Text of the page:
mother’s chemotherapy doctor took
her aside. He had been her dad’s
doctor as well and had seen all that
the family had been through for the
past 10 years.
“He told me that a solid cancerous mass had filled one of her
lungs,” Miranda remembers. “He
said her body could not handle a
miracle surgery and that he didn’t
see her making it until my 20th
birthday on Saturday.”
she loved me bunches.”
That was the last day Miranda
spoke to her mother.
Marlene lived for eight more
days in a coma and died on March
18, 2007. That night Miranda had
gone to the hospital and felt compelled to tell her mother the same
thing she told her father only four
months before.
“I wanted her to know that I
released her to God and that He
would take care of me,” she says.
“An hour later she joined my dad
in heaven.”
Miranda doesn’t remember the
next few days, which were a blur
of trying to savor the last precious
moments with her mother.
But she does remember her 20th
“I walked into her hospital room
to see she had asked her best friend
to get me pink roses — my parents
always got me pink roses for any
accomplishment in my life, and
my favorite chocolate cake and a
mall gift card because our favorite
activity was to shop together. She
also signed a card for me that said
She accepted her bachelor’s
degree from Evangel debt-free and
earned enough scholarships to pay
for her master’s degree at Evangel,
which she began in the summer.
“God is so good,” she says. “I
never would have been able to
make it through my parents’ illnesses, being the primary caregiver
for two dying parents or dealing
with the loss of them both, if I had
to worry about how I was going to
pay for books or tuition.”
Hagin’s Evangel family surrounded her with the support she
Finishing college
For Hagin, one of the most important tributes to her parents was
continuing at Evangel and earning
her diploma.
“It was always my mom’s dream
for me to get my degree,” Hagin
says. “She said she would put me
through college even if she had to
work three jobs, because neither of
my parents got a degree. I mentioned taking a semester off when
she was diagnosed, but she said
that would never be an option.”
Since losing her parents, Hagin
has seen God provide for her
through financial help in finishing
that degree.
“I got enough scholarships to pay
for college,” she says.
continued on page 10
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Against All Odds
needed to make it through the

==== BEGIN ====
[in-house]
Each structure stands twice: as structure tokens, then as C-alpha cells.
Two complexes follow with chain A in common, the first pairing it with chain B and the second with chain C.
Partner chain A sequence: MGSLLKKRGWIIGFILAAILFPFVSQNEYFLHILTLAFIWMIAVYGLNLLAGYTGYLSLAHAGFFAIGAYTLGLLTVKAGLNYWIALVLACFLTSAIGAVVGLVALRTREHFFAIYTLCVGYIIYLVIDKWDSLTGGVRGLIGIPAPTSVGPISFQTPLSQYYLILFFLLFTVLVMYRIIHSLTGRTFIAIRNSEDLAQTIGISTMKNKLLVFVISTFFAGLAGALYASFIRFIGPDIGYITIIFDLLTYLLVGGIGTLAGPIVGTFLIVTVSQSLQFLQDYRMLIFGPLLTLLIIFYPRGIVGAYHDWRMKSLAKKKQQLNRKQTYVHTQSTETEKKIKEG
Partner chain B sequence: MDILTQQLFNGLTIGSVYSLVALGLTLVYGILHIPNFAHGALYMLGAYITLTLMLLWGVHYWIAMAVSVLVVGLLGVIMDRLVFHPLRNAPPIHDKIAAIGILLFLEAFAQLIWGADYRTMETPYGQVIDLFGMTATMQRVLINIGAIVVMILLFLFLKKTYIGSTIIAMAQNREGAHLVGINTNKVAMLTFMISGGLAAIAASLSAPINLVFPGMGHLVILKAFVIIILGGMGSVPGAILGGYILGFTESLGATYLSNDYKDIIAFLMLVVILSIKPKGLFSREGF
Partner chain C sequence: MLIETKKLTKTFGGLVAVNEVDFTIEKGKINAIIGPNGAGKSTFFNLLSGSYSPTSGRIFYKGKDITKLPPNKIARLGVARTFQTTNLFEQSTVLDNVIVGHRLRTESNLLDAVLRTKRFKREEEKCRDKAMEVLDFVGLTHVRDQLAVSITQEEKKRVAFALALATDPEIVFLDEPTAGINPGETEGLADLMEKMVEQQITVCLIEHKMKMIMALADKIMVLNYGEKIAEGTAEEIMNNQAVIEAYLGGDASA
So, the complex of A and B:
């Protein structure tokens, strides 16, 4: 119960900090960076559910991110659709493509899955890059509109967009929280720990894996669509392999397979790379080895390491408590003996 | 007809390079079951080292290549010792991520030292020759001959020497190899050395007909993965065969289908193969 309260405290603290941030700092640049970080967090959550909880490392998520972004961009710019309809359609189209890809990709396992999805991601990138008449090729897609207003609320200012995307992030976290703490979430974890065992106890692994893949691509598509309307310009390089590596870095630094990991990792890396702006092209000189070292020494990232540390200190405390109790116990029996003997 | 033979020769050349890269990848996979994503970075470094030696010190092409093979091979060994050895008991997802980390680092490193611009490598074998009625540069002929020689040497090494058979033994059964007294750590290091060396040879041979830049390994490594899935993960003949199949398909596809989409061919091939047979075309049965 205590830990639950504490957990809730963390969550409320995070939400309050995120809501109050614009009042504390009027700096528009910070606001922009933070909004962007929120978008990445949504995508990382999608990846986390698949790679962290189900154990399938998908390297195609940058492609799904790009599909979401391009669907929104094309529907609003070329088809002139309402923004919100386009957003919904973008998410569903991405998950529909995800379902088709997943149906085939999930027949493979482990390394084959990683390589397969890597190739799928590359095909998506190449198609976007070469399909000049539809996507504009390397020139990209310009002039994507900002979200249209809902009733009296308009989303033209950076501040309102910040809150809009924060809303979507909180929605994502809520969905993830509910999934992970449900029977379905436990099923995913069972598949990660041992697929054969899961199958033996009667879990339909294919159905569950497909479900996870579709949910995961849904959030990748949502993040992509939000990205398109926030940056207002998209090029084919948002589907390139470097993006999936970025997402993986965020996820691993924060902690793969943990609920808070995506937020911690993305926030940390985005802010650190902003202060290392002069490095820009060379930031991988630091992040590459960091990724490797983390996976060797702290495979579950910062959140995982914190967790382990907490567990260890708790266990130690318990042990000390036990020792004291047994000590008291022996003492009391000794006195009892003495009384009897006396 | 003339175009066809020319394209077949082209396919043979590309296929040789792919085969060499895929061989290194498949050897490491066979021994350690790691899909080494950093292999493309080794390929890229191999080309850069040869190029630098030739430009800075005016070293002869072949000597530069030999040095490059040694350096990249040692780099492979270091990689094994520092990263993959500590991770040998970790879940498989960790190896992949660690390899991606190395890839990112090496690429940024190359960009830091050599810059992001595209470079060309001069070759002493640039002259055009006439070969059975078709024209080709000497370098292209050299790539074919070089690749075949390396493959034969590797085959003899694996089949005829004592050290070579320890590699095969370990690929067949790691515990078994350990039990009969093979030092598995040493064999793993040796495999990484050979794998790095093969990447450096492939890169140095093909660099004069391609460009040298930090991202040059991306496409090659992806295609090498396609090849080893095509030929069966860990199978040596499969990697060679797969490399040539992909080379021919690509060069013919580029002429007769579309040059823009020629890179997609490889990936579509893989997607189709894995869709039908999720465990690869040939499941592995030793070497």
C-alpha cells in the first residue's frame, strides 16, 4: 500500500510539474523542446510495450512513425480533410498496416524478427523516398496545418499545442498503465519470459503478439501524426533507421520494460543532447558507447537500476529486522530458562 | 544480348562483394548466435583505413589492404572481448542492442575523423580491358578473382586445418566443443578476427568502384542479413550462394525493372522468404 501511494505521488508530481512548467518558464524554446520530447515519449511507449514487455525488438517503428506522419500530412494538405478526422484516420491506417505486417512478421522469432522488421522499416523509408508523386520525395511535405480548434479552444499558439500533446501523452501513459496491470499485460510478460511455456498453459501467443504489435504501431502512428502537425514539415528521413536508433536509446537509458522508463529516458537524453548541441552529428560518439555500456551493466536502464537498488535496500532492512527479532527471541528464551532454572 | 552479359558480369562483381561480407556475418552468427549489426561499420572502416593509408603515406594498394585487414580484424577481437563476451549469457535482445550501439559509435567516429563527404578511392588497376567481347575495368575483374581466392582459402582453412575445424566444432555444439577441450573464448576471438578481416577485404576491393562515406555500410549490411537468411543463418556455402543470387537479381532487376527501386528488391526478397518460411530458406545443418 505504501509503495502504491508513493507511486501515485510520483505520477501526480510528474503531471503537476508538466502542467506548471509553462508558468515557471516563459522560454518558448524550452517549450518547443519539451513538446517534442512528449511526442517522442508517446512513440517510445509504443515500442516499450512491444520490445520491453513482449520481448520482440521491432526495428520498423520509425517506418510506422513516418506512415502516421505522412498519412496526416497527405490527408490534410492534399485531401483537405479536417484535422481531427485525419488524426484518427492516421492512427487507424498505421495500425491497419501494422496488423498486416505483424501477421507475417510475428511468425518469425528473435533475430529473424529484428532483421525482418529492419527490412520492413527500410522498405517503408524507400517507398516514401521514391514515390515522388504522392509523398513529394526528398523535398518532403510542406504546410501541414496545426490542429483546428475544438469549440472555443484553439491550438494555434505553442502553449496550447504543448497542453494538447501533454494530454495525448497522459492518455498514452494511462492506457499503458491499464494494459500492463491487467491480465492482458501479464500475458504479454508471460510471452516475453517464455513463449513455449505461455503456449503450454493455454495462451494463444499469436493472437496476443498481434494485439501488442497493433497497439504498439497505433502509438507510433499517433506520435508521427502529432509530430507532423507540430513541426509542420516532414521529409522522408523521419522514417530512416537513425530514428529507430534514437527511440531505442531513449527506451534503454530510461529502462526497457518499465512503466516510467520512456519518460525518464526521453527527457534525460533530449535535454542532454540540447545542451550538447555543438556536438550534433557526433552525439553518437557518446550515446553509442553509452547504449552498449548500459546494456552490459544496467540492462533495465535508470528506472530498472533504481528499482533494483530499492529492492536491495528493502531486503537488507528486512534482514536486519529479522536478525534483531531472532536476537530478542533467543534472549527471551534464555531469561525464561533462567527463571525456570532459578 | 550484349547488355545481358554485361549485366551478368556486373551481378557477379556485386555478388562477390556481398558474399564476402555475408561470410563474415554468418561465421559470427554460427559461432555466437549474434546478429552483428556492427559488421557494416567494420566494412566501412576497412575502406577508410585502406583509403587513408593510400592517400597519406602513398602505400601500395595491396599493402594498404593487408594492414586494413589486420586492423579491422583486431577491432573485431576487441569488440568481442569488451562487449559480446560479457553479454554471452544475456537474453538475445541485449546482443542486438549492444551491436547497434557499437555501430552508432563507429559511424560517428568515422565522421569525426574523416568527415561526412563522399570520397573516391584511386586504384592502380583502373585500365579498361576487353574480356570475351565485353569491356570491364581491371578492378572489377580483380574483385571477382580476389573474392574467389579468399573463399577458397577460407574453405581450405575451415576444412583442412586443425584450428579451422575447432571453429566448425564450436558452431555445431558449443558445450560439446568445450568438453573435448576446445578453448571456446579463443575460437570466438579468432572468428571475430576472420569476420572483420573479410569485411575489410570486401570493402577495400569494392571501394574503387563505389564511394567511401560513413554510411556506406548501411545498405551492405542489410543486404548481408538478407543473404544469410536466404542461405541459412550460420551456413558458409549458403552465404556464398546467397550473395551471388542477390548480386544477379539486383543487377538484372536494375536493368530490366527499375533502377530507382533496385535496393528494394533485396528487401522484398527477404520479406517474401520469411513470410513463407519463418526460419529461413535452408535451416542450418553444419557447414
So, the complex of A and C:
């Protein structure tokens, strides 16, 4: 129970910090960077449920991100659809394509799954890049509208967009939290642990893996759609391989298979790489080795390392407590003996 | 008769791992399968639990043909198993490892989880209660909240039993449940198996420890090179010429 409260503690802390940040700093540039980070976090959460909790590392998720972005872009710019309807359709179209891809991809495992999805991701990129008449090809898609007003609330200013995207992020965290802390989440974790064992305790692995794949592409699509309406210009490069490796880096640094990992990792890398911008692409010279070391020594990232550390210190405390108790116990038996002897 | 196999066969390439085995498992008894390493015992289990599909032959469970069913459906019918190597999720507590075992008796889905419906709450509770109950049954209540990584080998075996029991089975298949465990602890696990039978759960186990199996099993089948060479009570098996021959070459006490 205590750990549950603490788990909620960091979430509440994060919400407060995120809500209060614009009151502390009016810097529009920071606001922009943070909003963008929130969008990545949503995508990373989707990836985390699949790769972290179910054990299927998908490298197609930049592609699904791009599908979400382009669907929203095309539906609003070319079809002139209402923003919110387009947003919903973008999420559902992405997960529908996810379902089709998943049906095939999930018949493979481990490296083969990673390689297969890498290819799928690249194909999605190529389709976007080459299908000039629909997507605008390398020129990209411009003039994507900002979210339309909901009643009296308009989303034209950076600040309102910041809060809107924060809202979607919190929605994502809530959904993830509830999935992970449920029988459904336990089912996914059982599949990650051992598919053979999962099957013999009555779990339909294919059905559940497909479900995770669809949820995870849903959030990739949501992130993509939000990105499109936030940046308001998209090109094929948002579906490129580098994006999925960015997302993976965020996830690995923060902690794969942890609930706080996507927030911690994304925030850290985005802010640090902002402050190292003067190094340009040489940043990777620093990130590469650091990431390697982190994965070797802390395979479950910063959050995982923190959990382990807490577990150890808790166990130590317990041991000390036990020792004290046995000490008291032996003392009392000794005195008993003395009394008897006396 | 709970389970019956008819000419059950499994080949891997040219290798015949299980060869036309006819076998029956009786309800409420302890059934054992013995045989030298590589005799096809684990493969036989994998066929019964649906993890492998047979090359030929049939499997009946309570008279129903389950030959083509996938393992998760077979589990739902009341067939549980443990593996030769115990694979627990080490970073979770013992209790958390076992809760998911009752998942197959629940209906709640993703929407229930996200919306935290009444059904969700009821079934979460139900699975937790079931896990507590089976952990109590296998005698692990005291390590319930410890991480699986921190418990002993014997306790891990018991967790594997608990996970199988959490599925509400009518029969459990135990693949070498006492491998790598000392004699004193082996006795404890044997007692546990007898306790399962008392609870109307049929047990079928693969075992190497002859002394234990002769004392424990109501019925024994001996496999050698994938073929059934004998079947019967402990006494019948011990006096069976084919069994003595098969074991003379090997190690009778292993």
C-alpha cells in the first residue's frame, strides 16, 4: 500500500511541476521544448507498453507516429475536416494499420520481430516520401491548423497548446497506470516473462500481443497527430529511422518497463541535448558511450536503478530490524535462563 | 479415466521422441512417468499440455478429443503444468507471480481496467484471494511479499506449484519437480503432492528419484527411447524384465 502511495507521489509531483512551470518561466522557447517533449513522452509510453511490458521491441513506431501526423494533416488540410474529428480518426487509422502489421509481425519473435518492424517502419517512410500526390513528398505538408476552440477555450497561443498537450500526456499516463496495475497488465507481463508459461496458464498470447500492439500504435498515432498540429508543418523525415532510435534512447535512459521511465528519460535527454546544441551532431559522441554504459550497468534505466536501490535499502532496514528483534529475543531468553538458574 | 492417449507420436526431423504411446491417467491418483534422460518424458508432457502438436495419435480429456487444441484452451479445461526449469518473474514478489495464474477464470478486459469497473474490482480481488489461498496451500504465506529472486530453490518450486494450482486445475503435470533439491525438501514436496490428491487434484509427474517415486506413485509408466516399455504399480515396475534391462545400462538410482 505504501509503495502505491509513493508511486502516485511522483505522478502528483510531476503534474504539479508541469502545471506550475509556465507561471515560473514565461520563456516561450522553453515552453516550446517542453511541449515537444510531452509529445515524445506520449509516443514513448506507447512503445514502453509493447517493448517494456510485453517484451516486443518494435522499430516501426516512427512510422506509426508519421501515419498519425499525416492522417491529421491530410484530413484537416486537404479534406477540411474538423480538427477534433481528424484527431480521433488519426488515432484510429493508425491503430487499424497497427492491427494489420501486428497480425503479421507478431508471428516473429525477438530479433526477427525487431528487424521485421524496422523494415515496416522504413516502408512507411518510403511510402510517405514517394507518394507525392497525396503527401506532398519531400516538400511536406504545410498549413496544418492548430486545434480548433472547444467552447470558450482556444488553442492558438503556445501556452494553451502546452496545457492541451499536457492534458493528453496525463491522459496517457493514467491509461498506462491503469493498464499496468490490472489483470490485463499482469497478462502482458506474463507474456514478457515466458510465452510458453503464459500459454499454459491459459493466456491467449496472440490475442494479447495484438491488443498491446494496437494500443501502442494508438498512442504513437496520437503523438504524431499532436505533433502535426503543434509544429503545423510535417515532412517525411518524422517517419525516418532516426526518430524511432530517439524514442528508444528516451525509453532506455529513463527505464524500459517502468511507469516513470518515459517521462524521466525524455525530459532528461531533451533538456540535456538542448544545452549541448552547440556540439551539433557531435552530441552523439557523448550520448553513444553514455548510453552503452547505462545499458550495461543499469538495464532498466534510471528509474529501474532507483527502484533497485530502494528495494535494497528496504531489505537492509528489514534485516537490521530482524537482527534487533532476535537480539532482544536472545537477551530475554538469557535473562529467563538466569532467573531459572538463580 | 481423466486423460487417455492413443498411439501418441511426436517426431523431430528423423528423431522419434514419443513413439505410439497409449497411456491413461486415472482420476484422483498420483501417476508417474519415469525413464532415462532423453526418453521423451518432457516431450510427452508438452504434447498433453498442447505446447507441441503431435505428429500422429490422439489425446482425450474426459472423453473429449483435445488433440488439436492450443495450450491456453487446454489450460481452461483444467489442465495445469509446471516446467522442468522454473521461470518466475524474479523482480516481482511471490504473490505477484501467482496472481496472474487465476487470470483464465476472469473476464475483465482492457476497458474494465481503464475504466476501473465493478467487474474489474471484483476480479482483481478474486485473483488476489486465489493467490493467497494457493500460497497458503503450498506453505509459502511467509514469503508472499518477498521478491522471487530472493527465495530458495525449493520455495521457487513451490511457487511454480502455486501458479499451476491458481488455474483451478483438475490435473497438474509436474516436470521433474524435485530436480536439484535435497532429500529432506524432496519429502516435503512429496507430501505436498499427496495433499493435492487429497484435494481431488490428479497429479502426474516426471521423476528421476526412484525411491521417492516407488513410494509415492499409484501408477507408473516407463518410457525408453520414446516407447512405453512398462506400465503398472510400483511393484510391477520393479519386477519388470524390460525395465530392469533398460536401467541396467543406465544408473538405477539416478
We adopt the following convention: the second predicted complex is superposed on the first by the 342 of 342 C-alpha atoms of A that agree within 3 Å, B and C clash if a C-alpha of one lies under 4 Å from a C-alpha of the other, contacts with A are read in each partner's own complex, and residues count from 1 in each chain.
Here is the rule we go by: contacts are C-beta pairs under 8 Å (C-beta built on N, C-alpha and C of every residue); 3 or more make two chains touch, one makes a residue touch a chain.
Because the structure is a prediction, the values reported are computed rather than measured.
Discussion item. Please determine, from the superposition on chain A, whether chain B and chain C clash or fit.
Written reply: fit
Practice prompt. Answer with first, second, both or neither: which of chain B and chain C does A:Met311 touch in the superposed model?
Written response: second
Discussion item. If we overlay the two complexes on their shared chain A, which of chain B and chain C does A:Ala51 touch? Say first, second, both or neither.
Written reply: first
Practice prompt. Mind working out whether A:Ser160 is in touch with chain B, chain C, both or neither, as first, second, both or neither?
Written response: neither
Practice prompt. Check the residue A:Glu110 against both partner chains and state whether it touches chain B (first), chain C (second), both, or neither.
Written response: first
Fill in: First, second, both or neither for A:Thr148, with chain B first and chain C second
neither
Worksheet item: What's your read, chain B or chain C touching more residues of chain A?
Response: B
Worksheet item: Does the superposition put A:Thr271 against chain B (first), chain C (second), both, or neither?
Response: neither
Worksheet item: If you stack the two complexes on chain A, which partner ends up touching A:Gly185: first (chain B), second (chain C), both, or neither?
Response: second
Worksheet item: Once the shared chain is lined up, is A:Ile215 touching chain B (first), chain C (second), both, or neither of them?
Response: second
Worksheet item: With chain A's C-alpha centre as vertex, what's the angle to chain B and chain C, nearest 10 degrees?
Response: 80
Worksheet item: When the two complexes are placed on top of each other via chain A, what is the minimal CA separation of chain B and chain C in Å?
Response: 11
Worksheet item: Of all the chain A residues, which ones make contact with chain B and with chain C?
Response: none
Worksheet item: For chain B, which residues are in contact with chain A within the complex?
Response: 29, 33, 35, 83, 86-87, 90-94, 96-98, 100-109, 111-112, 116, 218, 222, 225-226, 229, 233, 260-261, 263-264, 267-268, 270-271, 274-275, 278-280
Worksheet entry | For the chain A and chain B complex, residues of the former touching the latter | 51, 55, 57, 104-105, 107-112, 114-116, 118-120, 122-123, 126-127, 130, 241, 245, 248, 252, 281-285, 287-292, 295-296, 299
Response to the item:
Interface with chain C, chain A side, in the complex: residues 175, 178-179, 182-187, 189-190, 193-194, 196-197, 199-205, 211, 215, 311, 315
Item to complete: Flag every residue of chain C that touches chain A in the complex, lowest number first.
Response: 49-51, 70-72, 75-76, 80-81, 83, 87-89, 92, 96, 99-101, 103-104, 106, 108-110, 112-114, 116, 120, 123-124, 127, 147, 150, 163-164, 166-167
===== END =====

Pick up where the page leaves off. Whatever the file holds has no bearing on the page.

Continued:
incredibly difficult months that followed her parents’ deaths.
“All of the education department
professors, the administration, my
residence director of Lewis Hall
and Campus Pastor Sid Griffith
really helped me make it through
successfully,” she says.
She recalls an Evangel friend
from Ohio, Alyssa Rigden, whose
mother and grandmother made
cards with their church scrapbook
group and sent her a new one every
day for an entire semester.
“All of these people made the
difference in me choosing to
continue with school,” says Hagin.
“I could not let go of my mother’s
dream for me just because we were
aug • 09 • 09
going through the most difficult
days of our lives. I had to press
A blessing to others
In addition to finishing school,
it’s important to Hagin to be active
in ministry. She is a small-group
leader for 11th-grade girls at
Central Assembly of God and is
committed to staying with those
girls until they graduate from high
school. She also volunteers with
“Lost and Found of the Ozarks,”
an organization for children, teenagers and young adults who have
lost a parent for any reason.
“Lost and Found is a great
place for people to feel safe in
dealing with their grief and re-
cover from loss,” says Hagin.
It’s because of these ministries
that Gina Rentschler, EU’s director
of student life, nominated Hagin
for the Silver Shield award.
“Miranda has demonstrated
meritorious Christian character,” says Rentschler. “Through
her pain, Miranda is living an
abundant life, allowing God to
supply all her needs and positioning herself to be a funnel through
which His care and love flows to
others.” e
content developer for Evangel
E-mail your comments to [email protected]